An initiative of the United States Conference of Catholic Bishops

Religious Liberty FAQ


Religious Liberty & Marriage: FAQs

1. What is religious liberty?
2. How are marriage and religious liberty connected?
3. How could changing the legal definition of marriage have any effect on religious liberty?
4. But would ministers really be forced to officiate at the “wedding” of two persons of the same-sex?
5. What’s the real threat to religious liberty posed by same-sex “marriage”?
6. Have any of these threats come to pass?
7. Doesn’t a religious exemption protect institutions and individuals if they believe that marriage can only be between a man and a woman?

1. What is religious liberty?

Religious liberty is “the right to live in the truth of one’s faith and in conformity with one’s transcendent dignity as a person” (CA, no. 47). “Nobody may be forced to act against his convictions, nor is anyone to be restrained from acting in accordance with his conscience in religious matters in private or in public, alone or in association with others, within due limits” (CCC, no. 2106, quoting DH, no. 2). Religious liberty is so important that John Paul II called it the “source and synthesis” of rights considered basic to every human person (CA, no. 47).

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2. How are marriage and religious liberty connected?

Marriage (the union of one man and one woman as husband and wife) and religious liberty are two distinct goods that are also related to each other. The protection of each good follows from the duty to protect the inviolable dignity of the human person. But even more directly, the legal protection of marriage as the union of one man and one woman also protects the religious freedom of those who adhere to that vision of marriage.

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3. How could changing the legal definition of marriage have any effect on religious liberty?

Changing the legal term “marriage” is not one change in the law, but rather amounts to thousands of changes at once. The term “marriage” can be found in family law, employment law, trusts and estates, healthcare law, tax law, property law, and many others. These laws affect and pervasively regulate religious institutions, such as churches, religiously-affiliated schools, hospitals, and families. When Church and State agree on what the legal term “marriage” means (the union of one man and one woman), there is harmony between the law and religious institutions. When Church and State disagree on what the term “marriage” means (e.g., if the State redefines marriage in order to recognize so-called same-sex “marriage”), conflict results on a massive scale between the law and religious institutions and families, as the State will apply various sanctions against the Church for its refusal to comply with the State’s definition. Religious liberty is then threatened.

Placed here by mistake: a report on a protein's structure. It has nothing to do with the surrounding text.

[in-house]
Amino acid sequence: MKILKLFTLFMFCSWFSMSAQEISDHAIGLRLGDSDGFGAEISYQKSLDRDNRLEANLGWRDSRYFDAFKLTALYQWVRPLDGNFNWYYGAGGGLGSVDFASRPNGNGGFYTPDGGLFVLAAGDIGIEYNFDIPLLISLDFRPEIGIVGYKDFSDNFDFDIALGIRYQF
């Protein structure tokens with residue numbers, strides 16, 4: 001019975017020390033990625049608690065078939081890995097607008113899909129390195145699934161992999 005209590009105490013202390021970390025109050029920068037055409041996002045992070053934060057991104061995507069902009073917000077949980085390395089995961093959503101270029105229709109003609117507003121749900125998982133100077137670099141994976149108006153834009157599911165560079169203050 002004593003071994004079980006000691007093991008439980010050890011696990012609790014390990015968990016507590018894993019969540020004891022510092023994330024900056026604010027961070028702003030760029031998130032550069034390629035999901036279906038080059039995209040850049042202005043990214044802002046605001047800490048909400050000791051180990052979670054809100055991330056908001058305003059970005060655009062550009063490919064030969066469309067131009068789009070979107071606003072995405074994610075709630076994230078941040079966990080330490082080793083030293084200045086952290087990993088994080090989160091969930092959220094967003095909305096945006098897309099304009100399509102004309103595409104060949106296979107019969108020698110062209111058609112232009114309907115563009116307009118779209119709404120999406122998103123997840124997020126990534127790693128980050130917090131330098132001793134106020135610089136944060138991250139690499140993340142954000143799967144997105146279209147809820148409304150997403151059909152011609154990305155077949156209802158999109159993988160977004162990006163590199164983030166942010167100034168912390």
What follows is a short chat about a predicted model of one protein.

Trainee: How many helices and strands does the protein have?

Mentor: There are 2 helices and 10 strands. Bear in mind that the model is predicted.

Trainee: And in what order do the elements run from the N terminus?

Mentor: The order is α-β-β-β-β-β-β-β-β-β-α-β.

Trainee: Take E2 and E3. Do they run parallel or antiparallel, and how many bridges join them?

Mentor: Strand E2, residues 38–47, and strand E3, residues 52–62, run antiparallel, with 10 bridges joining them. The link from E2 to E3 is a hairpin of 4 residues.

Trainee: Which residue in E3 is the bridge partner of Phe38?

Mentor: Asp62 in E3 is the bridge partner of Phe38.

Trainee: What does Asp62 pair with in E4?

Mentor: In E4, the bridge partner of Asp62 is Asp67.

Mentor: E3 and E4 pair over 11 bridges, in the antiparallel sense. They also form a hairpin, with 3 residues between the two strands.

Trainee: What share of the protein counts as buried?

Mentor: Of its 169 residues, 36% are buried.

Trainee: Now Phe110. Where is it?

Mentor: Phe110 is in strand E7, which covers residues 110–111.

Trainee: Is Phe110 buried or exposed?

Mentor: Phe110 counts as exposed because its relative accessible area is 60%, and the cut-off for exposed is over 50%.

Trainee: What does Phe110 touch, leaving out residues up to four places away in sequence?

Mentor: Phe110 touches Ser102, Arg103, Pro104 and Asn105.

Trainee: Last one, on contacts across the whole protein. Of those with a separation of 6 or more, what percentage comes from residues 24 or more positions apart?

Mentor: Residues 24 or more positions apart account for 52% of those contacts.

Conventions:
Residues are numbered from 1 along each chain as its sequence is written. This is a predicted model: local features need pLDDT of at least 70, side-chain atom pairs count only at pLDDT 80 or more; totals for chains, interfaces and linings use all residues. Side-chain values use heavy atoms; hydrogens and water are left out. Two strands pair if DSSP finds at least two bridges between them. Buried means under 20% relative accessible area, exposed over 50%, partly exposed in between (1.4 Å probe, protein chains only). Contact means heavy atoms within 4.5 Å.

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4. But would ministers really be forced to officiate at the “wedding” of two persons of the same-sex?

This question is a red herring. In other words, it is a false caricature of the real concerns about religious liberty, and is actually used to distract from the real concerns.  It is unlikely in the extreme that the State will force ministers and churches to officiate same-sex “marriage” ceremonies, although it is easily foreseeable that many church ministers and communities could be sued in court over this question. There are, however, other more probable and pervasive concerns.

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5. What’s the real threat to religious liberty posed by same-sex “marriage”?